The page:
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Big brother gets a little smaller with cellphone privacy ruling

Police will now have to get warrants for most cellphone location data requests, marking a shift in the future of digital rights.
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Like lineups, fingerprints and DNA, cellphones have become routine tools in the fight against crime.

Hundreds of times a day, police or other law enforcement agencies ask America’s telecommunication companies for records showing when someone’s mobile phone pinged cell towers — information they can use to track where the person traveled over days, weeks and months.

Many of those people are suspects in crimes ranging from murder to corruption to stalking. Some are innocent. Others are witnesses or victims.

And in most of those cases investigators didn’t ask a judge for a warrant — a process that would have required them to explain in detail how that information would help them solve the crime.

But they’ll have to do it now — in most cases.

The U.S. Supreme Court ruled Friday that obtaining “cell site location information” without a warrant was an invasion of privacy because that data can be used to monitor someone’s movements 24 hours a day, providing “near perfect surveillance” of a person’s travels — far beyond the narrow purpose of a criminal investigation.

The case concerned a Michigan man named Timothy Carpenter who was convicted in a string of robberies after FBI agents used location data from his cellphone to argue that he was near the crime scenes at the time the holdups happened. Its impact now extends to just about anyone who has a cellphone — more than 95 percent of American adults.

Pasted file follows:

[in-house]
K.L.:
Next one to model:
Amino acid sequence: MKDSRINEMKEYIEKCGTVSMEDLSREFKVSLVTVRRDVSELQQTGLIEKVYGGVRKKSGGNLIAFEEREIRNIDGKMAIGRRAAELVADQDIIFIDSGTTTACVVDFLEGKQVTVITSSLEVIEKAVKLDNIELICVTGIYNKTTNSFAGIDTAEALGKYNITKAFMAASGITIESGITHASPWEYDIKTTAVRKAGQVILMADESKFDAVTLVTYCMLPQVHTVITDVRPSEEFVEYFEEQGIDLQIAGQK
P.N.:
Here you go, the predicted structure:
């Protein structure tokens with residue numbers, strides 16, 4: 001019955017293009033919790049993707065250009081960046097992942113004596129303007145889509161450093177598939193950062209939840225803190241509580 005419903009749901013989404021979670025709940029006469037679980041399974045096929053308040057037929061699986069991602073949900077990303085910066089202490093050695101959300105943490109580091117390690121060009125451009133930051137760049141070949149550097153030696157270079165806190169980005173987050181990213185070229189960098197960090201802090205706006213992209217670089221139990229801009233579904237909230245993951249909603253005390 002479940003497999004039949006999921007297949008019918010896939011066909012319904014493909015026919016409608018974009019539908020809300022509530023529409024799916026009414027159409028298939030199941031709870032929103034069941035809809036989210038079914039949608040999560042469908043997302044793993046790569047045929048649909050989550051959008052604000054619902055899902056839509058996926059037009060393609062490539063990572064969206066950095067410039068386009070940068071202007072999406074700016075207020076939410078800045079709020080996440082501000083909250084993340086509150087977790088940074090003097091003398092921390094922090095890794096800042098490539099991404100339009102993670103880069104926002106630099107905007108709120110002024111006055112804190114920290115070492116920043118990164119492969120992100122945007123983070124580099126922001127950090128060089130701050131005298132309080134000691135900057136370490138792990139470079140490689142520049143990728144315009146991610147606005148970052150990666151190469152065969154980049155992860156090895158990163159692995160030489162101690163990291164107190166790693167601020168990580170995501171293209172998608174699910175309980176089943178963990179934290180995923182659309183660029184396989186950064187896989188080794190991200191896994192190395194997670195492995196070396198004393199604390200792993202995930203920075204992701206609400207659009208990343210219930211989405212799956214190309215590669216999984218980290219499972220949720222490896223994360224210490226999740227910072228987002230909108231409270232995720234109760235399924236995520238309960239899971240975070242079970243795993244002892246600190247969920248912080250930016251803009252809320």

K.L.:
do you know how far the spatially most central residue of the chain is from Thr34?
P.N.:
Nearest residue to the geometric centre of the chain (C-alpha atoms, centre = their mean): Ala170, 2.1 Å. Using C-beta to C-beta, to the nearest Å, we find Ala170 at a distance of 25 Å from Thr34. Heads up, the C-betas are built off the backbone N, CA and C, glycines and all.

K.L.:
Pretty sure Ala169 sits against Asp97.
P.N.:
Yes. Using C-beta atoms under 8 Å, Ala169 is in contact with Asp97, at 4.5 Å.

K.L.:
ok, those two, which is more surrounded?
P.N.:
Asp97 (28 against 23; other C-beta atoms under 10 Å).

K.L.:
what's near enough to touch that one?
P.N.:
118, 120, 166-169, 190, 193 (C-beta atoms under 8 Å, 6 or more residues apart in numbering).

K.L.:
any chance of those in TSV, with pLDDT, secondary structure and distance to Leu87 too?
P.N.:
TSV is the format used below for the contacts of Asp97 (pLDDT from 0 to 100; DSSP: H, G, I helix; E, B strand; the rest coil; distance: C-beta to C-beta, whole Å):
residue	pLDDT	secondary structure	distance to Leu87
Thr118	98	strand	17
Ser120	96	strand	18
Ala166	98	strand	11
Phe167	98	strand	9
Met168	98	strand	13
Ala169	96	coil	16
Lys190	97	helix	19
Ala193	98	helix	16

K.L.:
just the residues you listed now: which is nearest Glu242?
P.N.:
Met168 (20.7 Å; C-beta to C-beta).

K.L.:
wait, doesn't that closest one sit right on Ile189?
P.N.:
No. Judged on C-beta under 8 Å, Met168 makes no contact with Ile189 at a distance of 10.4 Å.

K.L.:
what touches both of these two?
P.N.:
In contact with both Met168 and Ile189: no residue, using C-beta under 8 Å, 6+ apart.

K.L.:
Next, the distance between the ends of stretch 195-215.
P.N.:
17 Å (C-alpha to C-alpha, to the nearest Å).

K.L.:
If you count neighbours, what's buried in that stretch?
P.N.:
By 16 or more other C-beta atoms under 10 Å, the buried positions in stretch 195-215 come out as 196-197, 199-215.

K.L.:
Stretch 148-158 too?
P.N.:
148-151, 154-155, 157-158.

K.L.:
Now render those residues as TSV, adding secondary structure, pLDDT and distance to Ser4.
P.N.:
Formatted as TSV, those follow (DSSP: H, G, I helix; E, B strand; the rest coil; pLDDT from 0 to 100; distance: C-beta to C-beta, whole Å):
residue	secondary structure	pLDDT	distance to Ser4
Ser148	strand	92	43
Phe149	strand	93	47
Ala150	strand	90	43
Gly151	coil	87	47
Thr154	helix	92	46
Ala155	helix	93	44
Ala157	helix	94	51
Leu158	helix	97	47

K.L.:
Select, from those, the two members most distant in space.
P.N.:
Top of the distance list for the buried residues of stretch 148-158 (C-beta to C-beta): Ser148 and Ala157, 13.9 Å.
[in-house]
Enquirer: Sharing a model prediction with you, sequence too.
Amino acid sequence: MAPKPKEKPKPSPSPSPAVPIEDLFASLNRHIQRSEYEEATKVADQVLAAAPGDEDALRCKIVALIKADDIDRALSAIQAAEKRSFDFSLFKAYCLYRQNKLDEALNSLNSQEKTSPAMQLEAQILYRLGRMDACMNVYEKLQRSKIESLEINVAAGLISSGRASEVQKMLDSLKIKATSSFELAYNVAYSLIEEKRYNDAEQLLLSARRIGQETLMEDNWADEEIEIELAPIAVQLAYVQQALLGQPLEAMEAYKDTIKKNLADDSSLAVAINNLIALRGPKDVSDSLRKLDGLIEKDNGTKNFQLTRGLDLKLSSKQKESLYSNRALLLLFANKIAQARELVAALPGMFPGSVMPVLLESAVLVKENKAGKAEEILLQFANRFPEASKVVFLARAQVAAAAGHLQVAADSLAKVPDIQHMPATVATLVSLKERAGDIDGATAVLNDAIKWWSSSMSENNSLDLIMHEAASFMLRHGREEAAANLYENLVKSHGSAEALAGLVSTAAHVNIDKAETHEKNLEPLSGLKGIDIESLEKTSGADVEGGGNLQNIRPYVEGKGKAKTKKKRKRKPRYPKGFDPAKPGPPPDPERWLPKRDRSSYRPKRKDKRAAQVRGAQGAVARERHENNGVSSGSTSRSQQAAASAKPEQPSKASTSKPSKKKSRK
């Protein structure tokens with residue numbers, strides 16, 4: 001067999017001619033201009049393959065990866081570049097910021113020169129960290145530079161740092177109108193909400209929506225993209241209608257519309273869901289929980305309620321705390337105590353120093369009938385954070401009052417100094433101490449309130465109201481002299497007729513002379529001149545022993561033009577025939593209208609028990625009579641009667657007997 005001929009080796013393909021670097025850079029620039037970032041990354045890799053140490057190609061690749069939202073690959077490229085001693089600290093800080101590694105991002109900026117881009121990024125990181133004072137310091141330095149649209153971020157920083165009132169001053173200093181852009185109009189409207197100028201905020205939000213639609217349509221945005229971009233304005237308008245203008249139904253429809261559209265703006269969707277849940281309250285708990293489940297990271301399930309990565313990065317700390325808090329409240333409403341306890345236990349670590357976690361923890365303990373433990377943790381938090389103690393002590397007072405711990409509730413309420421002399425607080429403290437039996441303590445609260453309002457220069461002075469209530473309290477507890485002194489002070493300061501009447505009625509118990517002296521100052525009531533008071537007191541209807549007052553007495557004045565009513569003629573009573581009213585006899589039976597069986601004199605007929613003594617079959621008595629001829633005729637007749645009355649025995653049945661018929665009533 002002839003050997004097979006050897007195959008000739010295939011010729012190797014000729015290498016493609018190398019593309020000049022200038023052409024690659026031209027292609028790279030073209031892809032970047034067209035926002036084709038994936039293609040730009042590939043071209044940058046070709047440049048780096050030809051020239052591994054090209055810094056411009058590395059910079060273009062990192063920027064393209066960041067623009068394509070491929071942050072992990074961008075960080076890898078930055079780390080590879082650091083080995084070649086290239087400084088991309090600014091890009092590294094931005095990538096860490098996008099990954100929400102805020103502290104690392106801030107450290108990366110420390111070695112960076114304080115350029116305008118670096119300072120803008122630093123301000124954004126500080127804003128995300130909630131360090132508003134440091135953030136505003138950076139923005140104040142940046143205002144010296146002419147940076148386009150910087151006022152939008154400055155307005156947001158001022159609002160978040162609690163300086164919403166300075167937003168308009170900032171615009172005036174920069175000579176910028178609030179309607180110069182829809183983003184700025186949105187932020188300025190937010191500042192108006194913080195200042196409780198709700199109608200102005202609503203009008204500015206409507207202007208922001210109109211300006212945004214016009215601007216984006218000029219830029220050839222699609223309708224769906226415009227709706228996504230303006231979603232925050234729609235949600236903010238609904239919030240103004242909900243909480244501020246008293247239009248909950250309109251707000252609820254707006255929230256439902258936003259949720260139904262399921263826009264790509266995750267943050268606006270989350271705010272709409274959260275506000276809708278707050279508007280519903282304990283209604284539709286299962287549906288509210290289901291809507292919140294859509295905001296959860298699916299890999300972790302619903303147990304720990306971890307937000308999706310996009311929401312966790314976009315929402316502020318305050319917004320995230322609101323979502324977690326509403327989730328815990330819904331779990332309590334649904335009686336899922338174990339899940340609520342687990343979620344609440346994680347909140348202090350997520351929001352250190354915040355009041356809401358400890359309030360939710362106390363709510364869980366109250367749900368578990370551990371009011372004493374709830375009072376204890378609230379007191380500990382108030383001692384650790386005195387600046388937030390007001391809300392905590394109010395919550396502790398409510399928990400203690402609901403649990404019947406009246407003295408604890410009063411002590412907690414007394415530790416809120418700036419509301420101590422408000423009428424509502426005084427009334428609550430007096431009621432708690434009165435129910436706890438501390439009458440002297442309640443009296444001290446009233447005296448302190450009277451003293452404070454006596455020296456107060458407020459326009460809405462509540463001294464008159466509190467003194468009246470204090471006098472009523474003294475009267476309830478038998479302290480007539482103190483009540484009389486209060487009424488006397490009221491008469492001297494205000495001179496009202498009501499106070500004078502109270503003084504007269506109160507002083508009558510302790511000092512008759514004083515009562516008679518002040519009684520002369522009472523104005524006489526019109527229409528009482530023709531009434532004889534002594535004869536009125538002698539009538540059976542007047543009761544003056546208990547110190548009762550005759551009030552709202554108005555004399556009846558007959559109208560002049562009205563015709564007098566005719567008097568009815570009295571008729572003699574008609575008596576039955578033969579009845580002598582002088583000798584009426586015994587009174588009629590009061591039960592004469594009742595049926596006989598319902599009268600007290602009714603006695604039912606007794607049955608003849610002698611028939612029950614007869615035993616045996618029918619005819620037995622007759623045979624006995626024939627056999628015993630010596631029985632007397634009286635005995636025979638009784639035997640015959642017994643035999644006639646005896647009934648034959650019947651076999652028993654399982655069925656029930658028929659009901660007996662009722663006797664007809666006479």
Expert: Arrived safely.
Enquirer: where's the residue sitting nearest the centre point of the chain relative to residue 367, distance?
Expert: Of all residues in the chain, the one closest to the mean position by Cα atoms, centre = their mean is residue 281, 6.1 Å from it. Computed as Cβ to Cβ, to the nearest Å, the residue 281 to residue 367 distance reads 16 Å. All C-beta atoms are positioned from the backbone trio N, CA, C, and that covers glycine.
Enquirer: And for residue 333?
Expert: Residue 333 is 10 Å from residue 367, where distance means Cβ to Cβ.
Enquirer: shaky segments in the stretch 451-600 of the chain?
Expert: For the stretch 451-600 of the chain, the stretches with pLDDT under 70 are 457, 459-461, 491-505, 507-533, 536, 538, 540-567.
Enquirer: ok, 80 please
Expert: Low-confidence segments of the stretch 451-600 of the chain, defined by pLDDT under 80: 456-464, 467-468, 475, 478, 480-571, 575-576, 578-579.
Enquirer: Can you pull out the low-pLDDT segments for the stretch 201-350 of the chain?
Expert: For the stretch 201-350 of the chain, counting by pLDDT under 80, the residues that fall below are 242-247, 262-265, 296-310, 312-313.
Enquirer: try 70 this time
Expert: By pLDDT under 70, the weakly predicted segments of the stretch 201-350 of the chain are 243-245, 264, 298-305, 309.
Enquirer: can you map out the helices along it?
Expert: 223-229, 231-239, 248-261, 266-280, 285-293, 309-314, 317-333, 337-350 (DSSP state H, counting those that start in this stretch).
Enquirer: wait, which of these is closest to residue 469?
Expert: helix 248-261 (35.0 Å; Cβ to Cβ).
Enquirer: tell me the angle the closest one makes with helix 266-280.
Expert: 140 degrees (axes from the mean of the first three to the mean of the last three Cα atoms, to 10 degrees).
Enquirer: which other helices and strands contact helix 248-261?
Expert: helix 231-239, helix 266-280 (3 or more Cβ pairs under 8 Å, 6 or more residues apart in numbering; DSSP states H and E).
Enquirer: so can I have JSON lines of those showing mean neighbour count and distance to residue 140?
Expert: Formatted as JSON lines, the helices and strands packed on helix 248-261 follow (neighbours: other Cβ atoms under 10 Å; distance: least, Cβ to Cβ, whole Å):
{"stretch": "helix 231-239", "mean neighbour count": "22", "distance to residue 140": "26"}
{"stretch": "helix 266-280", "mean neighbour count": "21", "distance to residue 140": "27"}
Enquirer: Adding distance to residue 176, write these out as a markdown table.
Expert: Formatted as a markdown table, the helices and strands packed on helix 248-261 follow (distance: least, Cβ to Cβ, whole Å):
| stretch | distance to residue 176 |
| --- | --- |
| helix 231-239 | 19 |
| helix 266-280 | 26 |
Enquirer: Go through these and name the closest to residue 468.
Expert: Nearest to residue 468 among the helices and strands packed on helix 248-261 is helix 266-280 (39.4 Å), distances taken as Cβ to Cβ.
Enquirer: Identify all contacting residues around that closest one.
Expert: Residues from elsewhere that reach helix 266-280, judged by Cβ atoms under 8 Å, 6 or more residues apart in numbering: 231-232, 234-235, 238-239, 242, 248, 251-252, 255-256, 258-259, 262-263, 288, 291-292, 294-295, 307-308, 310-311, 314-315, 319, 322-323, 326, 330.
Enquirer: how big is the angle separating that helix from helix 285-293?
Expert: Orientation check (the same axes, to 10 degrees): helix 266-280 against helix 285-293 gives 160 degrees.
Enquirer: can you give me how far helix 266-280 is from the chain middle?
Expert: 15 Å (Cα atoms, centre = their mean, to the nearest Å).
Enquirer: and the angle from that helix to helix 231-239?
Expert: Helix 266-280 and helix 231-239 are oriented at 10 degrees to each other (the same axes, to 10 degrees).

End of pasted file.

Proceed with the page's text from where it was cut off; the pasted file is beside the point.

“Everyone should care about this,” said Andrew Crocker, a staff attorney for the Electronic Frontier Foundation, a nonprofit that advocates for digital privacy rights. “If the government doesn’t need warrants, then there’s nothing limiting them to collecting information from just the bad guys.”

Redefining privacy

The ruling provides Fourth Amendment protection against “unreasonable searches and seizures” from one of the most common and invasive government surveillance techniques, lawyers and privacy advocates say. And it could pave the way for restrictions on how law enforcement can seek other kinds of digital data, from internet browsing to use of phone applications to walking under the gaze of surveillance cameras.

The ruling could also set standards for privacy in other aspects of American life where people’s digital activity is mined for information.

“This takes us a lot closer to the European system, which makes personal information sacrosanct,” said Nick Akerman, a former federal prosecutor and cybercrime expert. “It’s really defining what we view as private.”

An avalanche of requests

Seeking cellphone records has become standard in criminal cases in which authorities want to look at someone’s movements — not just to show whether a suspect was near the scene of a crime but also to evaluate leads, verify tips from informants, corroborate witnesses’ stories and even determine the whereabouts of victims, including those who are reluctant to talk or have been killed.